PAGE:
Impact of Skipping Breakfast
Scientists from the MRC Clinical Science Centre at London’s Imperial College, compared the brain scans and eating patterns of people both after eating breakfast and when they were fasting.
They found that those who avoid breakfast may overeat throughout the rest of the day, often choosing high-calorie or junk food over healthier selections.
The researchers studied the magnetic resonance images (MRIs) of 21 volunteer test subjects who did not eat anything before coming in for their tests. On one those visits, the volunteers were first given a 750-calorie breakfast before the researchers ran the MRI scans.
On another visit to the research center, the test subjects were not fed any breakfast but were always served lunch after each scanning session.
“Through both the participants’ MRI results and observations of how much they ate at lunch, we found ample evidence that fasting made people hungrier, and increased the appeal of high-calorie foods and the amount people ate,” said Dr. Tony Goldstone, who led the study.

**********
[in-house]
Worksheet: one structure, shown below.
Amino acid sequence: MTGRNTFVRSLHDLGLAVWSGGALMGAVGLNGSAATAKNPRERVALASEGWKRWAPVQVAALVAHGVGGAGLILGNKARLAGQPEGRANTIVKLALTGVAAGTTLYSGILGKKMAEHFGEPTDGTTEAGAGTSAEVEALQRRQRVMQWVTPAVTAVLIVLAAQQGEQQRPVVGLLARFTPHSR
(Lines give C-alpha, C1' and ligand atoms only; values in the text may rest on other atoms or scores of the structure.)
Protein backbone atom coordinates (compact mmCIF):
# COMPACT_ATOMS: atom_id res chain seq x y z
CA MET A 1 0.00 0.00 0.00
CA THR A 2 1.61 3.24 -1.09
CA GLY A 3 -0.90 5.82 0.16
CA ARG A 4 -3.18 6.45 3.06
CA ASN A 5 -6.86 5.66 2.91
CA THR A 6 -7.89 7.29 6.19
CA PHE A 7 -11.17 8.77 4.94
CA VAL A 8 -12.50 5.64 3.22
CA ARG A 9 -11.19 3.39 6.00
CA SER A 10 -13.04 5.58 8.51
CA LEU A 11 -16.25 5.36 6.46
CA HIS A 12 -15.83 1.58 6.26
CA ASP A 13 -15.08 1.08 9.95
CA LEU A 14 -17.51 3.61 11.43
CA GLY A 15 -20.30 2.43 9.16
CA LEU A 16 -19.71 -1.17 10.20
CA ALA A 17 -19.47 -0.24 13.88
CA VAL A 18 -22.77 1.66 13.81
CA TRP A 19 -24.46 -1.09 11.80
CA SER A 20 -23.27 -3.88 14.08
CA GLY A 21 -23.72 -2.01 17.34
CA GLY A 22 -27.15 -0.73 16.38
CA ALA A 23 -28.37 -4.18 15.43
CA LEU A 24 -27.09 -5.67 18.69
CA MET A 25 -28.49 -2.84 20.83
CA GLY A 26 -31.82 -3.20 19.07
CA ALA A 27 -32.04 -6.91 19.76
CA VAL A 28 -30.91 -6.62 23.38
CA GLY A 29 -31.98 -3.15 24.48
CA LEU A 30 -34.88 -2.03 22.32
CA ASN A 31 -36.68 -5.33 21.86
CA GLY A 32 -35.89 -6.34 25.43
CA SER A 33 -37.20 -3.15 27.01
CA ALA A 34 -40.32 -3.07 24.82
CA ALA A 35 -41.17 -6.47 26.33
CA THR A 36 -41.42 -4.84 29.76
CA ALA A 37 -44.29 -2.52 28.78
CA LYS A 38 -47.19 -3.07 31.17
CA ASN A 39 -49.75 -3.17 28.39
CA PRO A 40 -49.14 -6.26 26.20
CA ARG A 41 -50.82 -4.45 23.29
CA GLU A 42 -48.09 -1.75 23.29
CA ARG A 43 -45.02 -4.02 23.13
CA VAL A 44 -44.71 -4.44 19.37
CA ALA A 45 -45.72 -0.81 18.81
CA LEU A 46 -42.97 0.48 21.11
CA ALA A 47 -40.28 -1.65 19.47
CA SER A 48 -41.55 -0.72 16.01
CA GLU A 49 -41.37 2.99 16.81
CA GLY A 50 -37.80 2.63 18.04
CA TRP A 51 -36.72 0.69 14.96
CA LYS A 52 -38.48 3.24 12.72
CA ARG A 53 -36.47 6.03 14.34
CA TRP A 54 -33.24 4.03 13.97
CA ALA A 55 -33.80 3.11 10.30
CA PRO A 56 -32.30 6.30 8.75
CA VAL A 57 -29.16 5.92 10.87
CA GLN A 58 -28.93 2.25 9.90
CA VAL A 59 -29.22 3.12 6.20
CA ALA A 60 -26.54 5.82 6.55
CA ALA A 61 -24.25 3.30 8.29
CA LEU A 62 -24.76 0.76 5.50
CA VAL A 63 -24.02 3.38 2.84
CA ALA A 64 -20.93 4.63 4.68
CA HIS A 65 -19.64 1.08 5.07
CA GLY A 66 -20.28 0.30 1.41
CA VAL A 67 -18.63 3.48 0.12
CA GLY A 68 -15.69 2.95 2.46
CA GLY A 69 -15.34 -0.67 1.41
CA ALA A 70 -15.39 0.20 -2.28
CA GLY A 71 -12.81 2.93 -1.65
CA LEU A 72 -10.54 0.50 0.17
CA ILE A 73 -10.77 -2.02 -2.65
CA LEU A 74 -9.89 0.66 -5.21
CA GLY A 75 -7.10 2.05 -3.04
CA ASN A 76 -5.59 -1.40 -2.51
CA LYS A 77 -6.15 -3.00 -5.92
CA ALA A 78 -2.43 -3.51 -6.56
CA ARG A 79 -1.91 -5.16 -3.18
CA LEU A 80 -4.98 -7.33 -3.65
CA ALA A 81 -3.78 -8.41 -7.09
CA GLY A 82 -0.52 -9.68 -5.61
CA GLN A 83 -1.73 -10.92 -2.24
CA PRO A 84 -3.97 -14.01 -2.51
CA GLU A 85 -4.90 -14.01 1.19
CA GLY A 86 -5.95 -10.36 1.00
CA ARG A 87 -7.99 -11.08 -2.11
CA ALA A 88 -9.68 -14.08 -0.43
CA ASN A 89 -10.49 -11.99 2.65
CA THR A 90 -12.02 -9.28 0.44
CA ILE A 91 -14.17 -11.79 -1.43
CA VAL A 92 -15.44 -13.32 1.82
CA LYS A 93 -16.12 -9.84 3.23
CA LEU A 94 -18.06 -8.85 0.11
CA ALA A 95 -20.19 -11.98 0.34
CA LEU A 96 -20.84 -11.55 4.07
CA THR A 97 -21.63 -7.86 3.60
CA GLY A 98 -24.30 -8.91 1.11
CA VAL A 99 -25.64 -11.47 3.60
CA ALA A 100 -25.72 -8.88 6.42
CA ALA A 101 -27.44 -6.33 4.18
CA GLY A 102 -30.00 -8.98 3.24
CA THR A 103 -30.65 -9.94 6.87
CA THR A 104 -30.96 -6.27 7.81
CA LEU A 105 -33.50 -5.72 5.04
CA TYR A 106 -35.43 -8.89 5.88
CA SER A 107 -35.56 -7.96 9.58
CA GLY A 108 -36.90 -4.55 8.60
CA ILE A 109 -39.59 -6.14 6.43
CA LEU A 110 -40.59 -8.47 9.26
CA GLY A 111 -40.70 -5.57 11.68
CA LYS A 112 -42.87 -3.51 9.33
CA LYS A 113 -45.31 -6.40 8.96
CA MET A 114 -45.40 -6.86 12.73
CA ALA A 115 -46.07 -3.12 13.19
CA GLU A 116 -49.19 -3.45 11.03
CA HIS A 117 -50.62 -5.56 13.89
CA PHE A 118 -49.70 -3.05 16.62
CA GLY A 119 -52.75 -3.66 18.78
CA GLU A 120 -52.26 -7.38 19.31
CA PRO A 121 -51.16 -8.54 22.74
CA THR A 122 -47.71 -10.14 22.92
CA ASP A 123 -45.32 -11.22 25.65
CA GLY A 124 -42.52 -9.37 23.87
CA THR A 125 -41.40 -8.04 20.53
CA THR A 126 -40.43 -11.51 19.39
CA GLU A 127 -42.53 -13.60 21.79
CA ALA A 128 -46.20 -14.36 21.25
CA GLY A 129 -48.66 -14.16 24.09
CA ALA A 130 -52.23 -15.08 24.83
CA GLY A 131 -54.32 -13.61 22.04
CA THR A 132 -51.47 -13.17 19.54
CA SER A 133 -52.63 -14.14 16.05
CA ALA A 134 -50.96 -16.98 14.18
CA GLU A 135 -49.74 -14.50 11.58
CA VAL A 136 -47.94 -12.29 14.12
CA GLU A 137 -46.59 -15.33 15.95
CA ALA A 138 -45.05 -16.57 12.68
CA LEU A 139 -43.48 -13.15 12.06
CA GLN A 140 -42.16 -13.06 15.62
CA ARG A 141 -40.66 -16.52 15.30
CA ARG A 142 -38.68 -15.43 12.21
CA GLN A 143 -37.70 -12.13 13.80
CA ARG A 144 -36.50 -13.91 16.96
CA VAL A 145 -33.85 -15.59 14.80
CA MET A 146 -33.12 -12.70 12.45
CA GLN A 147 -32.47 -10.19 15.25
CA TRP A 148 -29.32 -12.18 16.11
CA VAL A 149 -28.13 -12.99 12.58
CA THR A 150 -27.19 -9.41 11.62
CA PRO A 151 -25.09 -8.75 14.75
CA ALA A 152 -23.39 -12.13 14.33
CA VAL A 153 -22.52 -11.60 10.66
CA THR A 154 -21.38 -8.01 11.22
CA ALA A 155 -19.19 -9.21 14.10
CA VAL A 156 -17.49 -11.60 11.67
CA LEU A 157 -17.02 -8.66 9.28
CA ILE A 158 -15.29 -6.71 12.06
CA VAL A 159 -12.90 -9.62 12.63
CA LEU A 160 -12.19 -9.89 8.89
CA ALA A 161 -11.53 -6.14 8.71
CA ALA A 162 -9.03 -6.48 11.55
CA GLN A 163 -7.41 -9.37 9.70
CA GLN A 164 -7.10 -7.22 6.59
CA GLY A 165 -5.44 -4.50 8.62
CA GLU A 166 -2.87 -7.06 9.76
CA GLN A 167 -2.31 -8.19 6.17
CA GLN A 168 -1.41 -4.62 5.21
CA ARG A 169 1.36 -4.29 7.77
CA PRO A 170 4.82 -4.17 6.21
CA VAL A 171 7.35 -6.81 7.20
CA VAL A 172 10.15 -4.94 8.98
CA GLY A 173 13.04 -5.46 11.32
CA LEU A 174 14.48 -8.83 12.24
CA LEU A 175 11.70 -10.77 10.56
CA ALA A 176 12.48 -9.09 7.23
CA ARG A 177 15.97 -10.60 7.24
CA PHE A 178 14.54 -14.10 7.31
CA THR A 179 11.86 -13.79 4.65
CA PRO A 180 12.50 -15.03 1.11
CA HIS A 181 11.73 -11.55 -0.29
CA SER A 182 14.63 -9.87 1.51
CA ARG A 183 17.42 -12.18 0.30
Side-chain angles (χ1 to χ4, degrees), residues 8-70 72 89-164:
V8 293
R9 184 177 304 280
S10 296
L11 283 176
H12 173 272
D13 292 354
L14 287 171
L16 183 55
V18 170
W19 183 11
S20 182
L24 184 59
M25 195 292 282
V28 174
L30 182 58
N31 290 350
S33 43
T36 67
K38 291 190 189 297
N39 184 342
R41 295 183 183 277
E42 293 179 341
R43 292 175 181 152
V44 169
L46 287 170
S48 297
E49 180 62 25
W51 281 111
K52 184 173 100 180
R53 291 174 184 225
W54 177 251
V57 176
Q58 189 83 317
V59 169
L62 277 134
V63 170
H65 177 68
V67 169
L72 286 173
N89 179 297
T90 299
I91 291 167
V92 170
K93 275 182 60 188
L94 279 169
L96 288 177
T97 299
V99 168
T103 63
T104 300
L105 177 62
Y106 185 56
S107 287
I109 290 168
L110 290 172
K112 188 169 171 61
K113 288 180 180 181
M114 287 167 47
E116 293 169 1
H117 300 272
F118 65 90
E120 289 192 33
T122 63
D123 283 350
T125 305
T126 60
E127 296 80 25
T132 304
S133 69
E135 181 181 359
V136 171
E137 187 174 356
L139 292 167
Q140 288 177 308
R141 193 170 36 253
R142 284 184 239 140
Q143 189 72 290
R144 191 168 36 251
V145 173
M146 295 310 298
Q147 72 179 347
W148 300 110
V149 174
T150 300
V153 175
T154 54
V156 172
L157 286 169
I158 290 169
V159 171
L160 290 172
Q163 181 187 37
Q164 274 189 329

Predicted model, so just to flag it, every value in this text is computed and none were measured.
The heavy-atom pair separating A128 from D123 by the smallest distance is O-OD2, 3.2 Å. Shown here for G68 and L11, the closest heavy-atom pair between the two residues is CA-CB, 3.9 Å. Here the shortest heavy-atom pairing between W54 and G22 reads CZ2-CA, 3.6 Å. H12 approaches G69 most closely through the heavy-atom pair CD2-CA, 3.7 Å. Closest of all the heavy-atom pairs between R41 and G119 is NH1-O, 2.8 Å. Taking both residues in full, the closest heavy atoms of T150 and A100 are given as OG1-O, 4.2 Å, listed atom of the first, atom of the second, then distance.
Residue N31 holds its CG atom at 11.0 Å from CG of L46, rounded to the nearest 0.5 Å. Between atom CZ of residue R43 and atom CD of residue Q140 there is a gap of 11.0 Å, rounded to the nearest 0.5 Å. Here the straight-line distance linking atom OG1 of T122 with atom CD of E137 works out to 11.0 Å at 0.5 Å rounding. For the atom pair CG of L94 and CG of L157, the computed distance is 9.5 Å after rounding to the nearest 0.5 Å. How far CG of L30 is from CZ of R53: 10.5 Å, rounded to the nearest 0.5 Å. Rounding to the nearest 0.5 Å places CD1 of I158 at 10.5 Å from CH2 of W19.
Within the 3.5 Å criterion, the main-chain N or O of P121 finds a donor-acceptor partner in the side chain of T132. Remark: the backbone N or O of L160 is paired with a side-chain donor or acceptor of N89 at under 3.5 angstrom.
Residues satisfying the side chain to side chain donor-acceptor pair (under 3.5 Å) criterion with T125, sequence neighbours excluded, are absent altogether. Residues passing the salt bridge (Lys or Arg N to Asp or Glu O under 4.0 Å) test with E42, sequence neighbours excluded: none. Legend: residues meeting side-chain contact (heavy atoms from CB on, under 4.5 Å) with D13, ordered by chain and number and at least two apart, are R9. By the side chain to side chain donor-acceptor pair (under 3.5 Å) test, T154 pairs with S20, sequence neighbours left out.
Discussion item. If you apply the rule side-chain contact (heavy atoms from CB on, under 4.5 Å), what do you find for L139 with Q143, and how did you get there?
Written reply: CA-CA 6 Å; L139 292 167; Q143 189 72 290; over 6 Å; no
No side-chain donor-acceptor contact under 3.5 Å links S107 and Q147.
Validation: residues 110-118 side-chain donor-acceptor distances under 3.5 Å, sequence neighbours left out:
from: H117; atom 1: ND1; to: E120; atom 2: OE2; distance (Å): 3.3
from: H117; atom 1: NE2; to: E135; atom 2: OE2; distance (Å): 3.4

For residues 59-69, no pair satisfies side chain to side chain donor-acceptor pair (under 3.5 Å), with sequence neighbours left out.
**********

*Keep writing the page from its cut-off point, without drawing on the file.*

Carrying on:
While examining the MRIs of volunteers who had not eaten breakfast, the scientists found a variation in the pattern of activity in the orbitofrontal cortex, the area of the brain located right above the eyes that can affect decisions concerning the appeal and reward value of food.
When participants who were fasting or did not eat any breakfast were shown pictures of high-calorie food, the MRIs showed that that portion of the brain was “activated,” a reaction less strong when they had eaten breakfast.
After studying and comparing the MRI scans over a period of time, the researchers were able to use the brain scans to predict which of their test subjects would be the mostly likely to respond strongly to high-calorie foods.
To Goldstone and his colleagues, these findings suggest the orbitofrontal cortex may play a key role in influencing people in making their food choices.
They also say their research complements previous studies that show fasting may not be the best way to lose weight, since doing so tends to create a “bias” in the brain that makes consumers seek a high-calorie food reward.